IBM reveals DIY ‘new collar jobs’ that hospitals can apply to cybersecurity staffing
IBM on Tuesday publicly shared practical steps that any organization can take to create its own “new collar” jobs program with a focus on cybersecurity staffing.
The advice comes as infosec talent is hard to find in healthcare while attacks and breaches continue to rise.
Frost & Sullivan’s Global Information Security Workforce Study predicts a talent shortage of 1.6 million, and healthcare is no exception. What’s more, the Health and Human Services Department’s Health Care Industry Cybersecurity Task Force found that the broader healthcare sector lacks an adequate talent pool of information security professionals.
To that end, Big Blue has been espousing what CEO Ginni Rometty calls ‘new collar jobs’ of late, with her bold promise of hiring some 25,000 new collar workers and investing $1 billion in workforce training. Such new collar jobs place less emphasis on four-year college degrees and more on relevant skills. Think cloud computing technicians, service delivery specialists, or information security gurus.
IBM’s Institute for Business Value recommended that hospitals interested in implementing a new collar jobs approach begin by re-examining their current workforce strategy. This should include an analysis of what skills are critical today and which ones you anticipate needing in the future and, from there, establish clear career paths specific for cybersecurity professionals.
The next step is to expand your recruiting horizon beyond the universities you currently pursue and into community colleges, institutes that participate in the Pathways in Technology Early College High School (P-TECH) program, and to ask yourself and thoughtfully answer whether or not the jobs you need to fill really require a four-year degree. Many will not.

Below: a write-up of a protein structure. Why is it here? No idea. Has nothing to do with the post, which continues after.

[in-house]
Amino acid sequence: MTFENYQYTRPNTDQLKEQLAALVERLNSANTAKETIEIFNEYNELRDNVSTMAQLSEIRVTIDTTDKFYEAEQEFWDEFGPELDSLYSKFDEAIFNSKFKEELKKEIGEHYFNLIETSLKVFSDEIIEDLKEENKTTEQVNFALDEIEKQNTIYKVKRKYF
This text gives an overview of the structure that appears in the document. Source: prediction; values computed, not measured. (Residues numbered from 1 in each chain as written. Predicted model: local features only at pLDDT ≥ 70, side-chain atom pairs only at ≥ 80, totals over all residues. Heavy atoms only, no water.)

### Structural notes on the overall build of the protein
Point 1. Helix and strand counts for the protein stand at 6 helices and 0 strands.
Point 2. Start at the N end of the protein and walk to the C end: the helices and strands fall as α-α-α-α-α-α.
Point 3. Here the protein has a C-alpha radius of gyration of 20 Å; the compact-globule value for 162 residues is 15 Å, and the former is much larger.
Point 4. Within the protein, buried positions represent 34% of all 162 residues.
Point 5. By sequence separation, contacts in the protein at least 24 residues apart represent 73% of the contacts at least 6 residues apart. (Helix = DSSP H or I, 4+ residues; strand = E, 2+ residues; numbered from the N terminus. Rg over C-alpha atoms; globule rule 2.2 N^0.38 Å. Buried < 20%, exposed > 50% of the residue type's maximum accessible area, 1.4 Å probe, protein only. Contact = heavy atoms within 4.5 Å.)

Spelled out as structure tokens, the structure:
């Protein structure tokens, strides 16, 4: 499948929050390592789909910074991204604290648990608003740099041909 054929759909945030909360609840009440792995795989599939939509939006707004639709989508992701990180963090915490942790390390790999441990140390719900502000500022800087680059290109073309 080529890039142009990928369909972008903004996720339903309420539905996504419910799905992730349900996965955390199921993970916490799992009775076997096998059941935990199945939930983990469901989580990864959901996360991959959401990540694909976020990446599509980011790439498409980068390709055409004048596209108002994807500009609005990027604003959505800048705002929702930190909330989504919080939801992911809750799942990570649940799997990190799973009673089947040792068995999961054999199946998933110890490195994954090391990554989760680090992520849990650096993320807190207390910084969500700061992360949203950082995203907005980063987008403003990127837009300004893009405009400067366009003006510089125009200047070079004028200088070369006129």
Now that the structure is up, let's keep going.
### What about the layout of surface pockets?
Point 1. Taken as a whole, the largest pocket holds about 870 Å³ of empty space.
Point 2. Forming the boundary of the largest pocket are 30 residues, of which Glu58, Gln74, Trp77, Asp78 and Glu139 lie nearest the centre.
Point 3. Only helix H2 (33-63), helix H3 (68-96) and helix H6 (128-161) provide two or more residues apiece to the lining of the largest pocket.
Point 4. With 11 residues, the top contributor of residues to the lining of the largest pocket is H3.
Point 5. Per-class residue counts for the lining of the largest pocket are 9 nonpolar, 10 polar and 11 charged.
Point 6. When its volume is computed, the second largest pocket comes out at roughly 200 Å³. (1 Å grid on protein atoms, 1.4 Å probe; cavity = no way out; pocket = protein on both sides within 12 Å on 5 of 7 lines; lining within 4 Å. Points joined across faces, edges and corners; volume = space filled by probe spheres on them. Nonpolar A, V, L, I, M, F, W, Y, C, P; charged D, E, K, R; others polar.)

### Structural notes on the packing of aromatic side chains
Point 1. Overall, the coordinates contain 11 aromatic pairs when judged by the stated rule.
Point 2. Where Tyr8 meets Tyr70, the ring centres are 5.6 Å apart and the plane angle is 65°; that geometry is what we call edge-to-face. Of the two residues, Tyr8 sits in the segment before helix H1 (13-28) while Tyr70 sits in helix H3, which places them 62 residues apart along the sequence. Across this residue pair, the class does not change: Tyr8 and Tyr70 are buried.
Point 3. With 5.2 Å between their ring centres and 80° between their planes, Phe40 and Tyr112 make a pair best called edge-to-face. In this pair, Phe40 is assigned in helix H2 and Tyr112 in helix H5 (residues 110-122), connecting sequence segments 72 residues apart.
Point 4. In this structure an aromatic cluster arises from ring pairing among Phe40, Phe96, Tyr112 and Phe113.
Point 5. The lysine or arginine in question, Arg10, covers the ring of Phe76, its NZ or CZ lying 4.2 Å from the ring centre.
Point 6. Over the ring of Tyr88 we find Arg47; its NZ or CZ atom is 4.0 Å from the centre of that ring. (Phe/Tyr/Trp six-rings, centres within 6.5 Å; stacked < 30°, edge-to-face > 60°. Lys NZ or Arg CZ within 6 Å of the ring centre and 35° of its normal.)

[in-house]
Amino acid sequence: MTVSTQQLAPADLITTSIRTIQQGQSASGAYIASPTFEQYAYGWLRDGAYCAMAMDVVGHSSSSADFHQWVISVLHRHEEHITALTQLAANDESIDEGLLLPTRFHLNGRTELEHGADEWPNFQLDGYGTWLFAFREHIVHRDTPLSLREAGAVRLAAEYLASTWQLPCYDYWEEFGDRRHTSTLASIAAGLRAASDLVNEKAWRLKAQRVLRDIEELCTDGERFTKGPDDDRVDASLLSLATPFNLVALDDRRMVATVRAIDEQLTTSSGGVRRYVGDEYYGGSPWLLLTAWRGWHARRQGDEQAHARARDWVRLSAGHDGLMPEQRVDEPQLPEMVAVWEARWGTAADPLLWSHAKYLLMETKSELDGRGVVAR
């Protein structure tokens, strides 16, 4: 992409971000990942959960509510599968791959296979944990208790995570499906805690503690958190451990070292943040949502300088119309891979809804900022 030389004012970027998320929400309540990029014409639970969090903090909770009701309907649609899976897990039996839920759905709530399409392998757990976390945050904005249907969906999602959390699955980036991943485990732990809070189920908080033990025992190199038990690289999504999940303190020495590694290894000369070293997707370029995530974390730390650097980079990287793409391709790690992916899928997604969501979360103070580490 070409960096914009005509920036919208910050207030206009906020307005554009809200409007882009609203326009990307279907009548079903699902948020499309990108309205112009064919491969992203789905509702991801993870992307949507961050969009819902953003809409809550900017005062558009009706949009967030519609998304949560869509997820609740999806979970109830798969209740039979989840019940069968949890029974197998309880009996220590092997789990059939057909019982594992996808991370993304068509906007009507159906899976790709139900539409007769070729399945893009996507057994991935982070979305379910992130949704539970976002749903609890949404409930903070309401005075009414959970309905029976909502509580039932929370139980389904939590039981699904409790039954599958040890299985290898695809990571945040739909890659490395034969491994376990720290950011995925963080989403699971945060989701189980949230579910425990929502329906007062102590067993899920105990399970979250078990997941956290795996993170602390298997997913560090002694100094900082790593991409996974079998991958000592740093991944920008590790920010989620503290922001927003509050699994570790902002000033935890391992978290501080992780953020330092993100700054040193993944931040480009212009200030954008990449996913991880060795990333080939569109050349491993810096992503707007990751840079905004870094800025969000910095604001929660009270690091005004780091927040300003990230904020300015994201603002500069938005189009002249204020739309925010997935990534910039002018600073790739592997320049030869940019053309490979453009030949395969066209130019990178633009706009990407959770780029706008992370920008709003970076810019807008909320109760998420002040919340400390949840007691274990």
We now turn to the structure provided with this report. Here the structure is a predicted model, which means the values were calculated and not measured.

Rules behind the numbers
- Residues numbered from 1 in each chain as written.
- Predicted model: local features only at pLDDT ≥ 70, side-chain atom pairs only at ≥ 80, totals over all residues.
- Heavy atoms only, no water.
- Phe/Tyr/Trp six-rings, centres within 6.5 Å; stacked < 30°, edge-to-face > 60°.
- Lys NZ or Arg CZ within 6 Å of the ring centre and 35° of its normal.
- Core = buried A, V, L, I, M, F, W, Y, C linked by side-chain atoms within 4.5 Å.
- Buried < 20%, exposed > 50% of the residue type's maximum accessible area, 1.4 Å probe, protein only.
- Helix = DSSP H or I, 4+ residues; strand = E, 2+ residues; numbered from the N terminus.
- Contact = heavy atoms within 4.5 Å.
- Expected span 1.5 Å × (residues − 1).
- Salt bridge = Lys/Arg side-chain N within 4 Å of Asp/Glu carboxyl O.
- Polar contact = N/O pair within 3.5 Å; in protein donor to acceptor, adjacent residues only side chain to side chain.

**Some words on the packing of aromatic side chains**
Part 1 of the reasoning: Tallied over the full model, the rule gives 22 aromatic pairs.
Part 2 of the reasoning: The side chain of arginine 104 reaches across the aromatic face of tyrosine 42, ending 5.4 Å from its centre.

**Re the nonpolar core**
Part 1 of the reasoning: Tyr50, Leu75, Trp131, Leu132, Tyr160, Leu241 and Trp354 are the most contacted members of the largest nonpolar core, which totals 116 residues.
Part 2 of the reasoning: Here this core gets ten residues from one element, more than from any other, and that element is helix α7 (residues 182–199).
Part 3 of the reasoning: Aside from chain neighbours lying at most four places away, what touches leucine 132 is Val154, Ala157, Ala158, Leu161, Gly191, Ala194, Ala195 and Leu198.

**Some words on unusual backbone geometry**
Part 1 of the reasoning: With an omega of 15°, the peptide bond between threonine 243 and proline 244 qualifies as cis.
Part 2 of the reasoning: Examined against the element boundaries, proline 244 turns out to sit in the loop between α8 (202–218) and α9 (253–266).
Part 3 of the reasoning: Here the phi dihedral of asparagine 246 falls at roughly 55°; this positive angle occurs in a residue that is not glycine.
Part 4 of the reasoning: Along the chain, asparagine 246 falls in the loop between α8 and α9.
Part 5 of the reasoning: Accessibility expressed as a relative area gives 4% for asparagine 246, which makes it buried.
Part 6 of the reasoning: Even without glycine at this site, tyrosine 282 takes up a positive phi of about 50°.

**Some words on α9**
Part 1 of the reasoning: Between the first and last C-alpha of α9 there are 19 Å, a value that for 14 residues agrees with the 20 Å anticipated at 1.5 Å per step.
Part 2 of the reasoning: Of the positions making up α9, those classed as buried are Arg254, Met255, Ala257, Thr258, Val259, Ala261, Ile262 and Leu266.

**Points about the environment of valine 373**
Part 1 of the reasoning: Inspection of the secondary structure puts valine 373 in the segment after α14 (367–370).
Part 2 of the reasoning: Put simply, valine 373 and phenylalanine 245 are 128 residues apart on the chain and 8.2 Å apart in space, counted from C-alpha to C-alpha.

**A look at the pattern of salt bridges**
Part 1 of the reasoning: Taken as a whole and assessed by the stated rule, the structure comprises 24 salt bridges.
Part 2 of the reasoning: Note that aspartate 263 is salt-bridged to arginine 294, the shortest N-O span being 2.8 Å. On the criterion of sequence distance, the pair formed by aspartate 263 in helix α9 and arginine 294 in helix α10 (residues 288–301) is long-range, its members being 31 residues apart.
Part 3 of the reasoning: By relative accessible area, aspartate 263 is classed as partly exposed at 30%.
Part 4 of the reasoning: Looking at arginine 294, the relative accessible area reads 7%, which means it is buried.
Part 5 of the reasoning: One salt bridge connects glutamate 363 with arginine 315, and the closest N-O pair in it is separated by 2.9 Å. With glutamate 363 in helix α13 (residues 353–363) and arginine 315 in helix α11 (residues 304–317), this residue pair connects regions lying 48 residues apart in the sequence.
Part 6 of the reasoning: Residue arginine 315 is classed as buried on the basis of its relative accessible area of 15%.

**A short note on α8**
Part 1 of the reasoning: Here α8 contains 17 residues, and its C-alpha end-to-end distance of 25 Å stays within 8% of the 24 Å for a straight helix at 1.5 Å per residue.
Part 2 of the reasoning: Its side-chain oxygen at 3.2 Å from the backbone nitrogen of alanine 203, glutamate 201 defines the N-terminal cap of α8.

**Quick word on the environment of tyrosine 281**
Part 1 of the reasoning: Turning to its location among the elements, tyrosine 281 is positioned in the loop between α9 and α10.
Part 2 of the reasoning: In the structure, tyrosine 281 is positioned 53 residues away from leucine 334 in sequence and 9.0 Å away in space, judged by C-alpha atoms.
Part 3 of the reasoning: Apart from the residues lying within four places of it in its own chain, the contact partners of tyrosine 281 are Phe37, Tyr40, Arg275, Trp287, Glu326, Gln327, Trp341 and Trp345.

The vision is to build a regional cybersecurity ecosystem, IBM said. Hospital executives should partner with workforce development organizations, participate in schools’ cybersecurity curriculum discussions, provide internships and externships, even work with middle schools to create interest in cybersecurity as a career.
As hospitals start hiring more security professionals it’s also important to build a robust support program for them. IBM said that should include mentorships, shadowing, rotational assignments, all opportunities to explore what aspects of cybersecurity they enjoy and at which they are most likely to succeed.
The last step IBM suggested is concentrating on upskilling for talent retention. Keeping employees engaged via classes, certifications and conferences, for instance, requires some investment but it benefits both staffers and hospitals alike because cybersecurity demands frequent updating of skill sets.
“If you want to change who you pursue to help address your skills gap, start building your own new collar approach,” IBM said. “At a minimum, make it one component of your overall strategy to build and maintain your cybersecurity workforce.”